The Multifamily Pipeline is Massive, Here’s What to Expect into 2024

Multifamily construction is at record highs but with higher debt costs; expect that to slow markedly into 2024 and beyond.


Main Takeaway: The construction pipeline for multifamily is full, with record starts and completions. With rising debt costs, expect the market to decelerate.

Story: According to government data, multifamily starts dropped 19% monthly to a seasonally adjusted annual rate of 473,000 units in December. Doug Duncan, the chief economist at Fannie Mae, commented on this data what is in the forecast for the remainder of 2023:

“Multifamily permits were up 5.3 percent to a seasonally adjusted annual rate of 600,000, but, despite outperforming single-family building in 2022, we expect multifamily construction to end 2023 at a much slower pace as higher interest rates weigh on financing costs and rent growth continues to slow.”

The two primary drivers of this slowdown in multifamily starts include higher debt costs and growing inventory. For loans, rates for construction debt have always been high but are even more expensive now as rates have ticked up over the past year. According to the U.S. Census Bureau, multifamily completions are at record levels, showing some room for decline as higher debt costs settle into the market.

Delays resulting from supply chain woes and lingering pandemic lockdowns mean that there is still a record number of multifamily developments in the pipeline. According to Paul Bergeron of Globe St, about 1 million apartments are under construction, the highest number since 1974 and a 24.9% increase year-over-year.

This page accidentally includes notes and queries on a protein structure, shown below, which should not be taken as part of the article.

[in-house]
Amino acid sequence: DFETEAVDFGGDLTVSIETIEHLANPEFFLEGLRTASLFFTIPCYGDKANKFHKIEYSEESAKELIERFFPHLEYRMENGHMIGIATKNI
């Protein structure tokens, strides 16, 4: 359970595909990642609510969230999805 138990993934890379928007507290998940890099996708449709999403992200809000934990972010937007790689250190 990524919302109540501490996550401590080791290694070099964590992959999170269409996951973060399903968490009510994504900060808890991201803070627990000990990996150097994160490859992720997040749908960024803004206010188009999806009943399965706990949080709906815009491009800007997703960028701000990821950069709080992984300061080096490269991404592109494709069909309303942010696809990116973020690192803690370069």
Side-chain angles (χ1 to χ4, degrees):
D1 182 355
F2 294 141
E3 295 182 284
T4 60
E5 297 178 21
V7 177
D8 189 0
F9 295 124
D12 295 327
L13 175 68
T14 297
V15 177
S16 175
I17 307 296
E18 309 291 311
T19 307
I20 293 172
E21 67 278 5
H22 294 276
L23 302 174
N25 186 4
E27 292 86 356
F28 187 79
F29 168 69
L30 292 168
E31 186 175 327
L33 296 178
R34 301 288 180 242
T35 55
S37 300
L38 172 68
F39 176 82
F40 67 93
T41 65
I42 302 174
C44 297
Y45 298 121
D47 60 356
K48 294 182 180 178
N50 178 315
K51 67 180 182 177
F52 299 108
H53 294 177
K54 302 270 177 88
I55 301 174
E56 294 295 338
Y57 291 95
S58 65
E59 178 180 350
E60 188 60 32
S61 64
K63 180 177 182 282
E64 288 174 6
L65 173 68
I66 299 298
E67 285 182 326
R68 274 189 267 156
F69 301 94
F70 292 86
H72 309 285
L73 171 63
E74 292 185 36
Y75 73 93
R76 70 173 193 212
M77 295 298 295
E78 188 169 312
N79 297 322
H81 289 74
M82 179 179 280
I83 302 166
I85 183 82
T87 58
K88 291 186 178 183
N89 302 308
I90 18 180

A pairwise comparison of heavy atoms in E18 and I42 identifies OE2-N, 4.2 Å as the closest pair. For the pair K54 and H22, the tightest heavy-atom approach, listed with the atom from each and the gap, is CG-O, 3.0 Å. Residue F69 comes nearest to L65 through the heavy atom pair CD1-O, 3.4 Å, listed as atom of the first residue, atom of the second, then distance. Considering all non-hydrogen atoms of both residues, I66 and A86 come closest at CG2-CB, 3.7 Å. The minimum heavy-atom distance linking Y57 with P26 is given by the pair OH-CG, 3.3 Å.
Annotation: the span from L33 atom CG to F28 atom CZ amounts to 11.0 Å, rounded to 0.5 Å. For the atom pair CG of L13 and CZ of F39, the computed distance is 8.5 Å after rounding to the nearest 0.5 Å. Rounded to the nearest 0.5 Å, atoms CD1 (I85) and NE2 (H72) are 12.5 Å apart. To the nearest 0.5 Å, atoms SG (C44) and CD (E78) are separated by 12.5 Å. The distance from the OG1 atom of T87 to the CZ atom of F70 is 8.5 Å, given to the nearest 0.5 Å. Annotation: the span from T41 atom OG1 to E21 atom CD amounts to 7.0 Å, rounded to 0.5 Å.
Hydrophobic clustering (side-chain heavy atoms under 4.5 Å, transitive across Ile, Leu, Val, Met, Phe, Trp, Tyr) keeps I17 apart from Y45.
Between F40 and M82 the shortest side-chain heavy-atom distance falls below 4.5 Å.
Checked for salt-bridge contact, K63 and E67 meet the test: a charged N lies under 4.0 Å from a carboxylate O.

According to NAHB AVP for forecasting and analysis, Danushka Nanayakkara-Skillington:

“Slowing rent growth, rising unemployment, tightening commercial real estate financing conditions, and a substantial amount of supply in the construction pipeline have caused a large backlog of multifamily developments…Apartment and condo developments can be subject to a significant array of government regulations including zoning requirements, building codes, impact fees, permitting requirements, design standards, and public land requirements, among others.”

We could be entering an oversupply scenario that will put downward pressure on asset values and rents, according to a new report from CBRE. They forecast that over 700,000 multifamily buildings will hit the market over the next 24 months, the most seen since the 1980s.

As you can see, CBRE predicts a marked slowdown in deliveries as we enter 2025; however, until then, we will likely see continued supply coming on the market as the pipeline of new units delivers. Following a low point of 97,600 annual multifamily construction starts in 2009, building activity has consistently risen, increasing in 10 out of 13 years.

Finally, the latest NMHC survey found that apartment construction delays and cost increases are declining from their post-pandemic peaks. Delays are still common, with 79% of builder respondents reporting delays, down from 84% in December and 97% percent in June 2022.

Expert Take on Multifamily Construction Pipeline

“Even with a surplus of multifamily units over the short-term, CBRE forecasts that an additional 2.3 million new units will be needed nationwide to maintain healthy market fundamentals over the next 10 years. Once the largest portion of the delivery wave has concluded in 2024, the nation will still need nearly 200,000 additional units annually to maintain proper supply and demand balance. While a development surplus this year may weigh on near-term market fundamentals, it ultimately will lay the foundation for a healthy market throughout the next cycle.”CBRE

“The outlook for new multifamily construction in 2023 is mixed. The National Association of Home Builders projects that multifamily starts will slow by about 28% in 2023 before stabilizing in 2024. Still, there are reasons to believe the 2023 pipeline will retain some momentum, with increased attention on affordable housing projects and the normalization of building material prices creating hopeful tailwinds.” Chandan Economics

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